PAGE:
In August, the US Department of Energy announced Philips Lighting as the winner of the Bright Tomorrow Lighting Prize (L Prize) competition for their 10-watt LED in the 60-watt replacement bulb category.  The Department of Energy’s L Prize challenged the lighting industry to develop high performance, energy-saving replacements for conventional light bulbs.

“If the extension goes through, Philips will still be able to support the needs of the category. But we fully support keeping the original legislated date. Alternate solutions are available today, and we don’t see any reason to wait. We think it’s the right thing to do,” Keller says.

Montreal-based Standard Products Inc. is likewise taking a proactive approach to greener lighting by focusing much more on fluorescent, LED, halogen and HID lamps, so that incandescent lights now account for only 10% of its total lamp sales. But for the privately-held family-owned business, adapting to the new legislation has posed some challenges.

“It has a huge impact on time and resources. We have had to coordinate complex project work that involves many areas of our business, including product development, engineering, supply chain, marketing, IT, and sales, in order to plan the discontinuation and introduction of products,” says David Nathaniel, President.

The best way for the Canadian government to proceed, Nathaniel says, is to synchronize its lighting laws with those in the U.S., or else proceed with the 2014 extension to give industry more time to adapt.

“We support harmonization with the U.S. legislation; we think that would be the best scenario for Canadians. If that is not possible, then we support the delay in implementation to allow more time for alternative products to develop and become more affordable,” Nathaniel says.

Under the Energy Independence and Security Act in the U.S., production or import of incandescent bulbs for its market will cease at various points over the next three years: 100W by Jan. 1, 2012; 75W by Jan. 1, 2013; and, 60W and 40W by Jan. 1, 2014. Another key difference in the two countries’ light regulations is that, in the U.S., these bulbs must become 30% more energy-efficient by their respective deadlines, while in Canada, no such levels were mandated, leaving the decision up to individual manufacturers.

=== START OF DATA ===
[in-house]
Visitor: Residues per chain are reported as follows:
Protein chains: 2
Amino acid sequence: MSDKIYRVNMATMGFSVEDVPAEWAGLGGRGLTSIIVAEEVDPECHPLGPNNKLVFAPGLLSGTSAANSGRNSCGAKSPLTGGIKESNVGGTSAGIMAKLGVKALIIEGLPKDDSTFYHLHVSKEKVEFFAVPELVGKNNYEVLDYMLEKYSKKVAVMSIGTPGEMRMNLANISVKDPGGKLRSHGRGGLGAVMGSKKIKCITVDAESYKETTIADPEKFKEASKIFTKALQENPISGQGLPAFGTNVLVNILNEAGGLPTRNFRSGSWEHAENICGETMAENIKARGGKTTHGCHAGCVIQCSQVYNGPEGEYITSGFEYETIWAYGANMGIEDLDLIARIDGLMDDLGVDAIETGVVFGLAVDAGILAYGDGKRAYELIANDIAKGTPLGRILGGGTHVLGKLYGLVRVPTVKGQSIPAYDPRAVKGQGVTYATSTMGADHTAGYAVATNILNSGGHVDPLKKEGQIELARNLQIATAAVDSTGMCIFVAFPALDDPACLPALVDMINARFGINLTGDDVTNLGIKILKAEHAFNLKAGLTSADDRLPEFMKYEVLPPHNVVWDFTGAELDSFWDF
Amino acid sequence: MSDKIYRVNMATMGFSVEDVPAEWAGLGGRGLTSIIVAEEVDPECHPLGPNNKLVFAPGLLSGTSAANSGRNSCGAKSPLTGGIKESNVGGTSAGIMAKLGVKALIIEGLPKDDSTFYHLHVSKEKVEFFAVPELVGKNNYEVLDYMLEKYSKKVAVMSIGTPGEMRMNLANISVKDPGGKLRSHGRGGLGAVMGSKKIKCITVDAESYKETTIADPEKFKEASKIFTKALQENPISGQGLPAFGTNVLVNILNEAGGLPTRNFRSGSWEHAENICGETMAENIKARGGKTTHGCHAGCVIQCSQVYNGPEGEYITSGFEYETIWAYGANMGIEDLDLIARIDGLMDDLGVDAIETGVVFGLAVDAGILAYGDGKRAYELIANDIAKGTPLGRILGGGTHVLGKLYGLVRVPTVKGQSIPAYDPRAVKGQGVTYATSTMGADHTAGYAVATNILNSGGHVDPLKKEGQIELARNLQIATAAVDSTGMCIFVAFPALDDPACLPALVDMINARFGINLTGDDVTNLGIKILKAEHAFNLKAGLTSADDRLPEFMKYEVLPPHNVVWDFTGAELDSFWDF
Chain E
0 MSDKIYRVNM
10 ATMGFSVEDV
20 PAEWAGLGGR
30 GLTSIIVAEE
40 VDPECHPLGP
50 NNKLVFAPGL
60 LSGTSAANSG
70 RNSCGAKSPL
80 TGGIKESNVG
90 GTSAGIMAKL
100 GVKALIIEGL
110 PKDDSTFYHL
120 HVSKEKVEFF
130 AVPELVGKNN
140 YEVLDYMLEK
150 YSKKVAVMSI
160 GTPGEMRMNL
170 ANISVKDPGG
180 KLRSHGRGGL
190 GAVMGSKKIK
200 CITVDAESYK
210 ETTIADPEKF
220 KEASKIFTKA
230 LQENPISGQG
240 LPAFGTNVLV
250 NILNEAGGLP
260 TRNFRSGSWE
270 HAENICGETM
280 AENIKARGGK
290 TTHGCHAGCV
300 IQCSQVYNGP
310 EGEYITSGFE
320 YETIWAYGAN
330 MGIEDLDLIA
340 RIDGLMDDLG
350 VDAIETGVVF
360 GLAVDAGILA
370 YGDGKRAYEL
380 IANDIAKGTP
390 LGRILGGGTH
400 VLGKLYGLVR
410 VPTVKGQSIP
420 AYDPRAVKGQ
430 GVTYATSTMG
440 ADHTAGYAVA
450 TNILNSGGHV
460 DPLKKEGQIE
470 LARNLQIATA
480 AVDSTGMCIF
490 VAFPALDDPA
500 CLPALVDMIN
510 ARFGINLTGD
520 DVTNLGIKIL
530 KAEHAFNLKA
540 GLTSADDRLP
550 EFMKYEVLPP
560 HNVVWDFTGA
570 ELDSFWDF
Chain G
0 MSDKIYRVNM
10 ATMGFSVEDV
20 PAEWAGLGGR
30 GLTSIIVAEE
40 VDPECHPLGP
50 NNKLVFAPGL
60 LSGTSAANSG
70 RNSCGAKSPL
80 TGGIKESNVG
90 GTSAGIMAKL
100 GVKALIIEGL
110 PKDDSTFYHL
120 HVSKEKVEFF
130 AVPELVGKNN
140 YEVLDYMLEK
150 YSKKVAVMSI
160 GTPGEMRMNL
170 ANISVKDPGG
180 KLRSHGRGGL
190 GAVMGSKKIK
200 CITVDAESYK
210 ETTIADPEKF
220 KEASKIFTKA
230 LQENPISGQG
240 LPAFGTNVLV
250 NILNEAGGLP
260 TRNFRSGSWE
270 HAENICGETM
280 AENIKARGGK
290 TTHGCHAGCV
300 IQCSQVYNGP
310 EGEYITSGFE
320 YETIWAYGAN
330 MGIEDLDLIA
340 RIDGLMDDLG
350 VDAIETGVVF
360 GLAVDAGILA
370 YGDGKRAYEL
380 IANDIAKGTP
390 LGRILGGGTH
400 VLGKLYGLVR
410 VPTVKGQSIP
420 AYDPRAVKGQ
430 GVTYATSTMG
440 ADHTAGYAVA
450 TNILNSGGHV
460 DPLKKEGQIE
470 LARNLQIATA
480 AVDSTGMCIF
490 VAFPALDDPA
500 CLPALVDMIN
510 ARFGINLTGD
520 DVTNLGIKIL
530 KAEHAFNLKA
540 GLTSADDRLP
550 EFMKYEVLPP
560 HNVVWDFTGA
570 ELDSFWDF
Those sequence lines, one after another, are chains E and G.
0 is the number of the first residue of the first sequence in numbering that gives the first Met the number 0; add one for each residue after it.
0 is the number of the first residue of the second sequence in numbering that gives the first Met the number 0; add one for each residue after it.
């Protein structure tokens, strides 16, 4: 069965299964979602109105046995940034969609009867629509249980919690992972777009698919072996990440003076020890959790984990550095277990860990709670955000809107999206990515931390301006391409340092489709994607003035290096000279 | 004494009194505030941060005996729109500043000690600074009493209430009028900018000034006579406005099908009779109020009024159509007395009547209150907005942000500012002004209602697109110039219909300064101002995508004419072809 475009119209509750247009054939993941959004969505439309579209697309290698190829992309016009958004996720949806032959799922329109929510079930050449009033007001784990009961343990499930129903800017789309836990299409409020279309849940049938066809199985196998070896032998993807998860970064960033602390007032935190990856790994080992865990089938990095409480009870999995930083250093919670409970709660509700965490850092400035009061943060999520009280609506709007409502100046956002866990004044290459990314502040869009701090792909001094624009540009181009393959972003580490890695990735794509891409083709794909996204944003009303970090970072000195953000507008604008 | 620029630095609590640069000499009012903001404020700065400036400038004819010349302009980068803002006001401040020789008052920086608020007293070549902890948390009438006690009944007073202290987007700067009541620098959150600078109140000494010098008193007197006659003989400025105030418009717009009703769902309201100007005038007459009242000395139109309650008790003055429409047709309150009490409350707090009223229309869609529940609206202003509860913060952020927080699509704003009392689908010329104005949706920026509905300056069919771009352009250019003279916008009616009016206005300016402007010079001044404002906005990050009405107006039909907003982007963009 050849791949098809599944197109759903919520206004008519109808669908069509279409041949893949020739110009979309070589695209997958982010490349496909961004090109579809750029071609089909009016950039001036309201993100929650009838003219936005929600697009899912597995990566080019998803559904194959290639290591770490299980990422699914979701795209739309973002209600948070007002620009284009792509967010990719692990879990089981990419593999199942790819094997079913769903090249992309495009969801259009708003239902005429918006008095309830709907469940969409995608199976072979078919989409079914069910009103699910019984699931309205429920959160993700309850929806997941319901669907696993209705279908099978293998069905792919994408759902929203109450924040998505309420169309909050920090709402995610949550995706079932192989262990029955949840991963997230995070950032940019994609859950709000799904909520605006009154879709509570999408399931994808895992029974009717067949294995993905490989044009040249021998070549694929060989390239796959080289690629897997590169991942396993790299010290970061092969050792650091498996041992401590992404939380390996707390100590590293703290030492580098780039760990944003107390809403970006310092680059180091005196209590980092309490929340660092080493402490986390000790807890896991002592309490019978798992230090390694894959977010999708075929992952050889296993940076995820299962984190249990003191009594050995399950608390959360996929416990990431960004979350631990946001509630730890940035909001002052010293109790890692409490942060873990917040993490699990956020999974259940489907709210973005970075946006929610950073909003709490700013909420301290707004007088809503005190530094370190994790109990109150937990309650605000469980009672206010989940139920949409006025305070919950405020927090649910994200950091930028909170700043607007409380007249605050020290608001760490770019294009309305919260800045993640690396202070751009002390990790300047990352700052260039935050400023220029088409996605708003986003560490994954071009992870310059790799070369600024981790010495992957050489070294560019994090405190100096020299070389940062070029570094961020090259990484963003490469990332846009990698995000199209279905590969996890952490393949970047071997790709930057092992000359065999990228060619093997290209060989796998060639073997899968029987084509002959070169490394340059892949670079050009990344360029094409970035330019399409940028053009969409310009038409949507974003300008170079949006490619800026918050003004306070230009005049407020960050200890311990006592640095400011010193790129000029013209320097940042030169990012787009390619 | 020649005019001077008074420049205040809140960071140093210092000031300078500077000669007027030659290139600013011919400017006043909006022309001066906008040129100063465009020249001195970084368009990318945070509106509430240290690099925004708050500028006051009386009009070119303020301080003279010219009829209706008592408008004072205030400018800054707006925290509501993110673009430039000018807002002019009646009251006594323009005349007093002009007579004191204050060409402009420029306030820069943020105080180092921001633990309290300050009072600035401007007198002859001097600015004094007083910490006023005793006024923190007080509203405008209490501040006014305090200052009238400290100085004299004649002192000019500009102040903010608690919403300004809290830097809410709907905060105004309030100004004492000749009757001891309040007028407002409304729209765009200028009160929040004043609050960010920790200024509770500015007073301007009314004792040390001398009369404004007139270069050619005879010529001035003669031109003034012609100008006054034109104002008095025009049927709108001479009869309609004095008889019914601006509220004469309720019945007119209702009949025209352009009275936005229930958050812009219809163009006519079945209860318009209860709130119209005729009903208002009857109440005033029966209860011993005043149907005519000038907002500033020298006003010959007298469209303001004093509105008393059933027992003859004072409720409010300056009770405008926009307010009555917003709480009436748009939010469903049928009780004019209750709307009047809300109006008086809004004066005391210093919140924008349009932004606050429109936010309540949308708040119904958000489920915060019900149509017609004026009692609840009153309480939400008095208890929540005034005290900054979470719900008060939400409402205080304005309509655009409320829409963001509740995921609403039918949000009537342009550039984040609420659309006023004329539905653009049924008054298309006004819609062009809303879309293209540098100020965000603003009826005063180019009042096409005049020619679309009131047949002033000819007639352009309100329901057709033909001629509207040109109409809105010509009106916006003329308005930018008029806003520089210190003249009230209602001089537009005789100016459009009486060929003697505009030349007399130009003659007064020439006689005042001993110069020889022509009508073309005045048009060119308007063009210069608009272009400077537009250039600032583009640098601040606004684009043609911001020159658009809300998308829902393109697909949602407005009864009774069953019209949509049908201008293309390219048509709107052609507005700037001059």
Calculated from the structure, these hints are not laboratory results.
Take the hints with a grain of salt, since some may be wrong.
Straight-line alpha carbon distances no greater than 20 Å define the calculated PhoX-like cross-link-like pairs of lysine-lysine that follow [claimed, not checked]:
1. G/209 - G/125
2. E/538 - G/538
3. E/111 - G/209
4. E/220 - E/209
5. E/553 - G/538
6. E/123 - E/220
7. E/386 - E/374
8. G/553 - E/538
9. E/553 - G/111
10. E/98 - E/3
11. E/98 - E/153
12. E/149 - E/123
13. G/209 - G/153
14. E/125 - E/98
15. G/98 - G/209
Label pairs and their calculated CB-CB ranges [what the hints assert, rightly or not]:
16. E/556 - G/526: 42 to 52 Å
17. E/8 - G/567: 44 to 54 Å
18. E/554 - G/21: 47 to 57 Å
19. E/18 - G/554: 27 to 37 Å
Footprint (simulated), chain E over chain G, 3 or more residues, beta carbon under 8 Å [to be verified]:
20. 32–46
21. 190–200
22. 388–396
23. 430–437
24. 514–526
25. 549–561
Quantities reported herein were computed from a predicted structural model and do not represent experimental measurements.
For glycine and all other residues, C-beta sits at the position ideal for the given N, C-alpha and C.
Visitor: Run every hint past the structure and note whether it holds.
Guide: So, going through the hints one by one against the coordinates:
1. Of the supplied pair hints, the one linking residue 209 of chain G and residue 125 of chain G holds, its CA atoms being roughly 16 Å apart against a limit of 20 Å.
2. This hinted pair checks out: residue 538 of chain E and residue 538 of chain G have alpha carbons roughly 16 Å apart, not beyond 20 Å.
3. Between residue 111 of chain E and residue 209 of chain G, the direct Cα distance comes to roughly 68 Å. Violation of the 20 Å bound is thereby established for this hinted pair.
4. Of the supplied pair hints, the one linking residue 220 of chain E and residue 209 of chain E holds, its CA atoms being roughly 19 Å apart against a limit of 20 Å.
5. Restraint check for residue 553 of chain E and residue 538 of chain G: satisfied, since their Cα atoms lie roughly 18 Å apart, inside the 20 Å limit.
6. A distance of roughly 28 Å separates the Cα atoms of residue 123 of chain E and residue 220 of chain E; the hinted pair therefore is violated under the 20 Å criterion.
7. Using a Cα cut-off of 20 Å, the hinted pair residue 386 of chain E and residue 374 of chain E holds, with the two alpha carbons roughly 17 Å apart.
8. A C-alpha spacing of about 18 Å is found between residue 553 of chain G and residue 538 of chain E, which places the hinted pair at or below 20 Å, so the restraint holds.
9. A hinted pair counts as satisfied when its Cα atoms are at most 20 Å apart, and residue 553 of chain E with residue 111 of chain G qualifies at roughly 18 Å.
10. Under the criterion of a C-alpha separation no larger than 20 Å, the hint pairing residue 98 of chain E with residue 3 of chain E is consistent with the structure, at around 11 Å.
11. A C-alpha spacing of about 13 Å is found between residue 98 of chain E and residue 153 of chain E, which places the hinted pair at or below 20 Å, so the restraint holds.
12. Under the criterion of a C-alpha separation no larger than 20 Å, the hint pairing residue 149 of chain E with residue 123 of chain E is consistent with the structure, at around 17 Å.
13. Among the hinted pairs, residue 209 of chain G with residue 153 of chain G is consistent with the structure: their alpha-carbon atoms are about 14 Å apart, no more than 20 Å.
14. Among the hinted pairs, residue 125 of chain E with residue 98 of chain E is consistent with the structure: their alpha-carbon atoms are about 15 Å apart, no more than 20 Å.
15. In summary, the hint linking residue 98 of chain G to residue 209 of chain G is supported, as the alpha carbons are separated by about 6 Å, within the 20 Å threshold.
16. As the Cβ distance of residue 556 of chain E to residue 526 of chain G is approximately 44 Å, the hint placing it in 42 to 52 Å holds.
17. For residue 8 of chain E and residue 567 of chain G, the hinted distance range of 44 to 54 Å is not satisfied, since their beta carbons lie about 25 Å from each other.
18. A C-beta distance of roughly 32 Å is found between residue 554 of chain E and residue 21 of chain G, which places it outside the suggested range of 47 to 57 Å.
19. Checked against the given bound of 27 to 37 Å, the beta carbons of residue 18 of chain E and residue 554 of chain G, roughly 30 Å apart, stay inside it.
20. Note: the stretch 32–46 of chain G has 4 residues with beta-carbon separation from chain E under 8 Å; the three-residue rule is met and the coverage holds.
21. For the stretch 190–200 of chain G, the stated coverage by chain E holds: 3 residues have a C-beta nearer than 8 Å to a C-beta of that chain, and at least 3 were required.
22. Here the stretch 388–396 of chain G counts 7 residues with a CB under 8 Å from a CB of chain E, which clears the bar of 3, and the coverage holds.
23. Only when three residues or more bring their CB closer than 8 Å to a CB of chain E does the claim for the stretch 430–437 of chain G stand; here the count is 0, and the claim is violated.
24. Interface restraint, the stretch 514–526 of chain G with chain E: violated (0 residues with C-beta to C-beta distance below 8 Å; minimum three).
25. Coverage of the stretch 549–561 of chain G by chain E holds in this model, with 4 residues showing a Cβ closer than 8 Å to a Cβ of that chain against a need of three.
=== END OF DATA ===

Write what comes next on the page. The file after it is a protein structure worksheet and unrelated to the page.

“We had asked the government to consider harmonizing with the U.S. approach and regulate the wattages down to the same levels across all four types of bulbs, because North America is essentially one large market for most major companies,” says Joseph Howley, manager of industry relations at GE.

Recently, GE announced the arrival between now and next fall of a full line of low-watt LED lights that are the world’s first omnidirectional LEDs. The Energy Smart product linewill include a 13 W LED replacement for the 60 W incandescent and a 9 W LED replacement for the 40 W incandescent, both of which will have a lifespan of 25,000 hours.

Howley says GE will adapt to the extension if it goes through, but either way, the company will continue to innovate in energy-efficient light products.

Says Howley: “Sustainability is built into our DNA. We’re always looking for the next best technology that provides light more efficiently.”

Says Wayne Edwards of EFC: “EFC will continue to closely monitor this situation, reinforce maintaining the originally planned dates and keep members abreast of developments.”

Written by Sharon Aschaiek. Sharon writes about a wide range of subjects for trade and consumer publications.